Monday, January 12, 2009

The Office

© 2008 Leighann Lord

The New Year is a time to start fresh. For most people this means making resolutions, for me it's cleaning. I'm not a neat freak, but let's just say I'm way more Felix Unger than I am Oscar Madison. I fold my underwear, and sort my wardrobe by season, color and style. I watch TV cleaning shows like other people watch porno. Non-judgmental strangers with organization and carpentry skills who show up and help you clutter control a room in your house for free? I'm sorry, but that's hot!

I pride myself on being tidy and organized but the room I can't seem to get a handle on is my home office. It's a constant battle and The Office usually wins. Office is actually a generous term. It's a very small space barely big enough for one, but currently accommodating two. My husband and I manage to run multiple businesses out of a tiny space that wouldn't even make a decent closet, Sometimes I get so frustrated I just want to leave it all behind. Find a nice empty office with a view and start over.

Every New Year I vow, "This is it! I'm gonna get serious about The Office." And The Office says, "Bring it on, Baby!" The mountainous piles seem to grow even larger, moving and shifting of their own accord.

This year I found bank statements for banks that disappeared two mergers ago; complete with checkbooks, deposit slips and ATM cards. Conventional financial wisdom says you have to keep bank records for at least 10 years, but nobody tells you how or where. Are off-site storage costs tax deductible? Can I put that on my Schedule C?

I found old pager bills for god's sake. A pager. Egads! When's the last time anyone owned a pager? That is so last century.

Over the course of my office organizing crusade, I've managed to kill three shredders. I'm on my fourth: a lovely large basket, 12-sheet, diamond cross cut shredder. Sweet. I dream of having an industrial strength, Pentagon-quality shredder one day. The kind that makes top secret government documents disappear. Page count, staples and paper clips are irrelevant. Just throw in as much as you can carry and strain to hear the whisper quiet purr of the engine. In this fantasy, the shredder has it's own room.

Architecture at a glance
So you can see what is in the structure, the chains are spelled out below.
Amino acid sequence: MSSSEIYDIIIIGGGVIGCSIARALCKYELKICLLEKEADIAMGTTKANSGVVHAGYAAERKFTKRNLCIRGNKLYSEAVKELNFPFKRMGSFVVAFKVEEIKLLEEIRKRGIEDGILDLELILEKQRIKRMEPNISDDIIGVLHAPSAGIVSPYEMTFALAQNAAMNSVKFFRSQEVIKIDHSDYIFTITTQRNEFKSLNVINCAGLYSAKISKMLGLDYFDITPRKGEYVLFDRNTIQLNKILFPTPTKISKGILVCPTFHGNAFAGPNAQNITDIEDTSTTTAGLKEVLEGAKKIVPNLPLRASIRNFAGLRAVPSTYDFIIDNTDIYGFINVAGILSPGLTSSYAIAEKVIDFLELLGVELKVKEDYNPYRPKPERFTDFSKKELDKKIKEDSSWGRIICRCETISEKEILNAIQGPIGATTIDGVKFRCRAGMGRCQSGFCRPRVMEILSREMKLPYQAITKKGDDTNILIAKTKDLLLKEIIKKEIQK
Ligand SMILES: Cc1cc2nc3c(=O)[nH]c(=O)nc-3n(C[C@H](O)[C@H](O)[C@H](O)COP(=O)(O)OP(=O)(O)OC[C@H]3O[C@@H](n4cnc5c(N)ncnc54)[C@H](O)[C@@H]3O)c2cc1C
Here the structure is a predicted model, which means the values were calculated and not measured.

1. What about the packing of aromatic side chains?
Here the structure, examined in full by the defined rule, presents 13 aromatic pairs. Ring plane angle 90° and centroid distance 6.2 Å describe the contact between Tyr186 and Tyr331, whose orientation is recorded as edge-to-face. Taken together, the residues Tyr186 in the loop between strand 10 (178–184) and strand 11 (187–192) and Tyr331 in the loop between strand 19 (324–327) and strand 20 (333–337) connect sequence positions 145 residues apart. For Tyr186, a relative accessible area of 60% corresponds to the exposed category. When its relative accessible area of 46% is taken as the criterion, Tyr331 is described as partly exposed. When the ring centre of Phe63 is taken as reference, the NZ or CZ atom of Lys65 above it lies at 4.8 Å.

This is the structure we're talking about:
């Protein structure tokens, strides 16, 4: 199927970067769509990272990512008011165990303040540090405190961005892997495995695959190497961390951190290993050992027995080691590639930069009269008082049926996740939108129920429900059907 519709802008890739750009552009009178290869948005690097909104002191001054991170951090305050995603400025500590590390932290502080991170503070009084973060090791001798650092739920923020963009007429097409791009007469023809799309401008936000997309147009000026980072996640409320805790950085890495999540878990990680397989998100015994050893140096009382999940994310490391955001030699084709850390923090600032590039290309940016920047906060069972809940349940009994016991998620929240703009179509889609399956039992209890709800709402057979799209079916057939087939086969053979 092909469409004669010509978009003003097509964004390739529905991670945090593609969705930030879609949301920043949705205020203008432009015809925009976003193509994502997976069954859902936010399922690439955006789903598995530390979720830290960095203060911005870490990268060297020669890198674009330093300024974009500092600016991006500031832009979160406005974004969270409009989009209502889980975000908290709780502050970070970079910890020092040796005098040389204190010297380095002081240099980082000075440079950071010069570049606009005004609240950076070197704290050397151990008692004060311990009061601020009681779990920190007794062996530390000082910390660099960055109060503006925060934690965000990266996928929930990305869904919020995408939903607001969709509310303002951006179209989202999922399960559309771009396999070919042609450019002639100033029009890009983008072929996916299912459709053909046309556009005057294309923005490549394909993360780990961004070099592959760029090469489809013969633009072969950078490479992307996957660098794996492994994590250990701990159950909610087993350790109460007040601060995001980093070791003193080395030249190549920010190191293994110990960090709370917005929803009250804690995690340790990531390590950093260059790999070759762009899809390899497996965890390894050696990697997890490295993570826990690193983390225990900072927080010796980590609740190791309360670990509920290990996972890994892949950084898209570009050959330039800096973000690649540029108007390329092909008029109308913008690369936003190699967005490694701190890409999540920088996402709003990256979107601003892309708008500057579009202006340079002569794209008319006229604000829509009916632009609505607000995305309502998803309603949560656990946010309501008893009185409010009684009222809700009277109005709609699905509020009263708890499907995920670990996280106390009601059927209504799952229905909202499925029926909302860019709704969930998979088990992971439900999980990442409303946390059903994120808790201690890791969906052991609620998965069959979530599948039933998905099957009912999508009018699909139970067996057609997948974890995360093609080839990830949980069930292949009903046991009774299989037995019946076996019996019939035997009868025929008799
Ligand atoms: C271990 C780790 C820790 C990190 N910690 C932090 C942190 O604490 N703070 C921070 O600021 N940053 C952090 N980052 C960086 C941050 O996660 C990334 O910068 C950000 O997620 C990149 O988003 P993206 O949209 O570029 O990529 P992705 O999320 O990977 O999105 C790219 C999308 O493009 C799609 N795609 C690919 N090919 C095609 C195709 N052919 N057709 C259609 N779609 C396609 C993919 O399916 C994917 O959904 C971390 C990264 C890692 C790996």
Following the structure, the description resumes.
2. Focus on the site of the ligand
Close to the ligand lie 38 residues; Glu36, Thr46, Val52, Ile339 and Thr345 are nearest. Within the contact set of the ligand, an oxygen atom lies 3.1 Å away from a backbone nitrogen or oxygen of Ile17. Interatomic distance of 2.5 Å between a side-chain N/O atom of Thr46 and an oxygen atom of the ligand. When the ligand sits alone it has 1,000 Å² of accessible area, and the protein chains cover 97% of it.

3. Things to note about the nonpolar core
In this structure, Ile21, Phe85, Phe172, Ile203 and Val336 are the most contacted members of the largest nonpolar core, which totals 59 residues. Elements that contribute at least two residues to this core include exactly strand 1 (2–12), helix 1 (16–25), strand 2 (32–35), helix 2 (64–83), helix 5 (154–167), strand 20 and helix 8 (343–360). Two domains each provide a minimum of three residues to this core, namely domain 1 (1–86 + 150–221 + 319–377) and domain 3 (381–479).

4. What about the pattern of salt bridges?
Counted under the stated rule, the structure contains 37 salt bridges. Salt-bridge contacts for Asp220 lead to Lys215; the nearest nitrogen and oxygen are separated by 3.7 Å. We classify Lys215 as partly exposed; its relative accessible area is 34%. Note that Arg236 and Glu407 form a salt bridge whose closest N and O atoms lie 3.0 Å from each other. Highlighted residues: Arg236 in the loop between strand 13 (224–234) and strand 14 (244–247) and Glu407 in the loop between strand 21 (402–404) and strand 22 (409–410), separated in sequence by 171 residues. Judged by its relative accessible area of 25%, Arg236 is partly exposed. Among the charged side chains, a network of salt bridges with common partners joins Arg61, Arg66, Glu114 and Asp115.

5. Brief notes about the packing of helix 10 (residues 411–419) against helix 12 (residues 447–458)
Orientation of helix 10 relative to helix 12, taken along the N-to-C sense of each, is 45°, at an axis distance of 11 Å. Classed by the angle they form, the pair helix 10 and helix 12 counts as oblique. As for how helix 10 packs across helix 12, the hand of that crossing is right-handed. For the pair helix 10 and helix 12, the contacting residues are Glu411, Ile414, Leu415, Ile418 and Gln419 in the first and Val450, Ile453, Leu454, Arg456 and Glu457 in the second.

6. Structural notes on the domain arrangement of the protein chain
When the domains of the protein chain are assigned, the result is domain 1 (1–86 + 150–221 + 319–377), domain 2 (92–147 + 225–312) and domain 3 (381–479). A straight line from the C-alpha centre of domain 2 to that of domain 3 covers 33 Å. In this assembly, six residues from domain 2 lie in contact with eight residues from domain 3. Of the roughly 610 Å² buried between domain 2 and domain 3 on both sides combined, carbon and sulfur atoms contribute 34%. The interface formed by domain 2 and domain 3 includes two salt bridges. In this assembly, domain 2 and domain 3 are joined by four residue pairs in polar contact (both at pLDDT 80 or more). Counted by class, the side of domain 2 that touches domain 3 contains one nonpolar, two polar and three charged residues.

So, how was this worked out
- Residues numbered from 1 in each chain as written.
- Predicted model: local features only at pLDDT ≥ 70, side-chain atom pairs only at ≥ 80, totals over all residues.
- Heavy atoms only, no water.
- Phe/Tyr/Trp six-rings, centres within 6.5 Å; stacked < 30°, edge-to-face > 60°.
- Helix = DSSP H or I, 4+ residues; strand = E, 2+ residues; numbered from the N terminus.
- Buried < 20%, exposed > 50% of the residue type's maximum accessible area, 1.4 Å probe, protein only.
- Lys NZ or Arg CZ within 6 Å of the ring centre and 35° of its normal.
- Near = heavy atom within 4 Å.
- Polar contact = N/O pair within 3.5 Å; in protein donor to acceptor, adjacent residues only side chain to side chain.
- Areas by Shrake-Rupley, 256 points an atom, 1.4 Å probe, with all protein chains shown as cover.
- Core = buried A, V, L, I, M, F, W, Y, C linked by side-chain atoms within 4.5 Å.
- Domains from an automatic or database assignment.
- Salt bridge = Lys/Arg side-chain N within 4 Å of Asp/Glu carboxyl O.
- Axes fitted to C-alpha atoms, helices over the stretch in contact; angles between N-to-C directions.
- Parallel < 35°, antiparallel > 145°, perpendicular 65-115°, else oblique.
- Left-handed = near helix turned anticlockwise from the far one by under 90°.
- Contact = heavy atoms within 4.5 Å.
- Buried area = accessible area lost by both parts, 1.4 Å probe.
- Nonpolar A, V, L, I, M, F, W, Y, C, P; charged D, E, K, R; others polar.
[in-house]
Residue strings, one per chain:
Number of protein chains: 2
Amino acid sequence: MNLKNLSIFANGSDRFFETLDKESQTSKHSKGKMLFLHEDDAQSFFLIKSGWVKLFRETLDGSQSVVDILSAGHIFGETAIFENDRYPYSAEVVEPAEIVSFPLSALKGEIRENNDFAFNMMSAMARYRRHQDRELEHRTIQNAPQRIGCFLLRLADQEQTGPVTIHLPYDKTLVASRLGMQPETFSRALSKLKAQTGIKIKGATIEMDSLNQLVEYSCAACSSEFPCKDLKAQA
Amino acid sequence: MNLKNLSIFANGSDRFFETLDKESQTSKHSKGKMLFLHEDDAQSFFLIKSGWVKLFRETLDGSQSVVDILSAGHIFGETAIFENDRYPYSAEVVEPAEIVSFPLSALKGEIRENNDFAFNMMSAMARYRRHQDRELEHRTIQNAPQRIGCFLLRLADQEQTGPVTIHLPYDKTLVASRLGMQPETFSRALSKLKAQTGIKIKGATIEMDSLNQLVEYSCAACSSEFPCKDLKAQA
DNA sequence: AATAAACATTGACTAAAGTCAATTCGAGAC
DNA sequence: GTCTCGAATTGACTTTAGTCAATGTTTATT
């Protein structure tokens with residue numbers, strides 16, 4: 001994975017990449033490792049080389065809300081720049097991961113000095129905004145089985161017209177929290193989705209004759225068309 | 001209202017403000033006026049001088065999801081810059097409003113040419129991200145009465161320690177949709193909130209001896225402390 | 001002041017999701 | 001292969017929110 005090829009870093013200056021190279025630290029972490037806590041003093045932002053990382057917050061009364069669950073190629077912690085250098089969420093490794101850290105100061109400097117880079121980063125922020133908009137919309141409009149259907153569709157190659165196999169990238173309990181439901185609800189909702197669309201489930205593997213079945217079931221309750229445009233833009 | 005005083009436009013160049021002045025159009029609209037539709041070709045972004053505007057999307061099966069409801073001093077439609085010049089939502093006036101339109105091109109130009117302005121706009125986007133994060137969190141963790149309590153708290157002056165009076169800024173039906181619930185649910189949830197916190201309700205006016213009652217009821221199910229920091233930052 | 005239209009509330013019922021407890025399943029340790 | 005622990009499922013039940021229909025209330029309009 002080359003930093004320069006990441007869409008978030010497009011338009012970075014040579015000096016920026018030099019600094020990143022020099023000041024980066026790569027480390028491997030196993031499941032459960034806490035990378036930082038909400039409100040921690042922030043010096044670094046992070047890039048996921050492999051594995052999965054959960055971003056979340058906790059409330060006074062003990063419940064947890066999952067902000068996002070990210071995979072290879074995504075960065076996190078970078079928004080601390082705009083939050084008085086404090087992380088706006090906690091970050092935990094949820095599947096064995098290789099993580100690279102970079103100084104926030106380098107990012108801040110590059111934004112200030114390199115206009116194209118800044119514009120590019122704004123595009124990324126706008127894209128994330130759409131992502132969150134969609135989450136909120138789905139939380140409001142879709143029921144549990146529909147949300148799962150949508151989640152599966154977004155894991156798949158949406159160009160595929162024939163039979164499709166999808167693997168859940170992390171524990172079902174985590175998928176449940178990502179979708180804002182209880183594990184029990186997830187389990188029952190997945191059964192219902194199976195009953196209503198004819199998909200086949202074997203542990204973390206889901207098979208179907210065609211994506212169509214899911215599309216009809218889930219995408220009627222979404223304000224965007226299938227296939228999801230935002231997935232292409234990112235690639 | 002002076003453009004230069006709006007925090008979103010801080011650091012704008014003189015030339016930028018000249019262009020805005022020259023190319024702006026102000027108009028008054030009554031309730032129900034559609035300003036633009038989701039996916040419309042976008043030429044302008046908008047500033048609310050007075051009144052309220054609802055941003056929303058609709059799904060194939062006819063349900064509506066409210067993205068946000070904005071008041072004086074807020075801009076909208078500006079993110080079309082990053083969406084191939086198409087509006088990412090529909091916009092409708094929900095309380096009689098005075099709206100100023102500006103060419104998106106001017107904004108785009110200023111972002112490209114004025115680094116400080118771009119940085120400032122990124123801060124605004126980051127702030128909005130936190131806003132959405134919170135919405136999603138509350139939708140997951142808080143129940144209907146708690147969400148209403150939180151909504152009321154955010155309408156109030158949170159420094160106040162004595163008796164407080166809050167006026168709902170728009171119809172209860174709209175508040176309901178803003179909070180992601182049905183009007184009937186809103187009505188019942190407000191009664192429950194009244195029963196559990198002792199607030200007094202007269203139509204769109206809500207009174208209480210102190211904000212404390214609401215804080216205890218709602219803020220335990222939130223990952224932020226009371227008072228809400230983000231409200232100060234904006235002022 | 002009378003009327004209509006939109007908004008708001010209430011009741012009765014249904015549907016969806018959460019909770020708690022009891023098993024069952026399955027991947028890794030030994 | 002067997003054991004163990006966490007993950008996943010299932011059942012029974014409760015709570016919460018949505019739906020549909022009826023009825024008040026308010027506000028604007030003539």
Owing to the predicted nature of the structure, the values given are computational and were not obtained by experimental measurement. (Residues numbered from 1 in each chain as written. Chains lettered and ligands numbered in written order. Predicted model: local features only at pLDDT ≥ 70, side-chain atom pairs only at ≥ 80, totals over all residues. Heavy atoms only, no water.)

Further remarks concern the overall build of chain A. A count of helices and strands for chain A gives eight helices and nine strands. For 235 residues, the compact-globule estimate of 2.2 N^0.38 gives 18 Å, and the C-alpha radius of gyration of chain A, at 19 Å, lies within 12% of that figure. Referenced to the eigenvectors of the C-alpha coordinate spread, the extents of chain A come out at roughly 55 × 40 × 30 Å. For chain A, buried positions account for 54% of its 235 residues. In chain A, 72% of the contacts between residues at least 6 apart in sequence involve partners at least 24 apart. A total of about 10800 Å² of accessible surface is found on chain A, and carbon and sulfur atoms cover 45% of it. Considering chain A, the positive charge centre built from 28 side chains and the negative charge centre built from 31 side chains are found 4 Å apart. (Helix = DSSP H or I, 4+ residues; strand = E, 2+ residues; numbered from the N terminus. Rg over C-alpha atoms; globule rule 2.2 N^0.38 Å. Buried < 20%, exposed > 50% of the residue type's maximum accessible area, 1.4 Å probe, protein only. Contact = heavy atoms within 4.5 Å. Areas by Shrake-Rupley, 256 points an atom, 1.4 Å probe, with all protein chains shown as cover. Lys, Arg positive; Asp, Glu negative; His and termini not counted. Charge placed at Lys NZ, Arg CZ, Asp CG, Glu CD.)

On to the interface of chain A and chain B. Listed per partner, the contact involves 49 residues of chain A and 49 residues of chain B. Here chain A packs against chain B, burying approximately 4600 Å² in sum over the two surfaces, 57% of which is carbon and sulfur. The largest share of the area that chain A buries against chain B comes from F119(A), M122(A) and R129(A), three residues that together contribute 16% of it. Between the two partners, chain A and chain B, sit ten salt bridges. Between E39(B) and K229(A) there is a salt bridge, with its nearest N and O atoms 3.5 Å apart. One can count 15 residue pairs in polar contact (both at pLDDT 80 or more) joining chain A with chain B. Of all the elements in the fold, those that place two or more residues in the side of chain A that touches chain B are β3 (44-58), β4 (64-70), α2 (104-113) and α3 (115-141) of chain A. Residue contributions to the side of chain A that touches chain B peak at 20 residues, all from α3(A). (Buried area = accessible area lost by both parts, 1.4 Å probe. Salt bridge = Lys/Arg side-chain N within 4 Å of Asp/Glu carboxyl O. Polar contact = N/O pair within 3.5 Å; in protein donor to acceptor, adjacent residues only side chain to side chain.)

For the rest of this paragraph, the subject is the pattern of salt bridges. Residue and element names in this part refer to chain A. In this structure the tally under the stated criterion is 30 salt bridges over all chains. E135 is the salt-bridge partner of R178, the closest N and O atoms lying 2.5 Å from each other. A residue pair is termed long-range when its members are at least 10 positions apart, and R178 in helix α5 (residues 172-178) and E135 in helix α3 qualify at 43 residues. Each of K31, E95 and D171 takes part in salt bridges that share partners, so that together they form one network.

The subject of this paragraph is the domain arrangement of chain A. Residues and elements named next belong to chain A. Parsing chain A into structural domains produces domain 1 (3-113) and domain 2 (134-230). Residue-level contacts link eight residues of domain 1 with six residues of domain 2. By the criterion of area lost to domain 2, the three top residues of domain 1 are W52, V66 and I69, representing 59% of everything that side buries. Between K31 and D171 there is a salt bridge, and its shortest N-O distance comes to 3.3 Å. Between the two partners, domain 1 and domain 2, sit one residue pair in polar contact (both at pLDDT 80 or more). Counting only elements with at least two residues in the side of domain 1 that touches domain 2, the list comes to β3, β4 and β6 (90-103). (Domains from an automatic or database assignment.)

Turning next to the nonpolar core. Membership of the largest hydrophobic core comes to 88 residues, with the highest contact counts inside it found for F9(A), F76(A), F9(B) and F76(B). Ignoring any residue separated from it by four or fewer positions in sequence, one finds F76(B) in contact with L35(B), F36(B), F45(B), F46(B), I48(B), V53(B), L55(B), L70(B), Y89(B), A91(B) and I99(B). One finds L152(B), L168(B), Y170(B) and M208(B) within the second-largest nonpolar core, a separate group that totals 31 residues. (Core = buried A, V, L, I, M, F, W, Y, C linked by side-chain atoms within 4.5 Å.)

I've lost important things in The Office, like $200 worth of American Airlines travel vouchers. I eventually found them a month after they'd expired. I misplaced cards I bought for my mother's birthday. I later found them in an irregularly used handbag, but I still blame The Office. Why? Because eventually everything ends up in the office, whether I've put it there or not.

I suspect The Office has it's own gravitational pull with a particular taste for mail. In The Office, one piece of mail becomes five. No matter how hard I try, I can't seem to open and shred it fast enough. Excavating a recent pile of mail revealed Christmas cards from the previous year.

As I began opening the cards my mood brightened. It was nice to get a little unexpected out of season Christmas cheer. In addition to sweet hand written notes, well wishes and family photos, was a $25 Starbucks Gift Card! I think The Office was trying to make up for the airline tickets. As I sip on a hot Caramel Macchiato, apology accepted.

Thank you for reading The Urban Erma.

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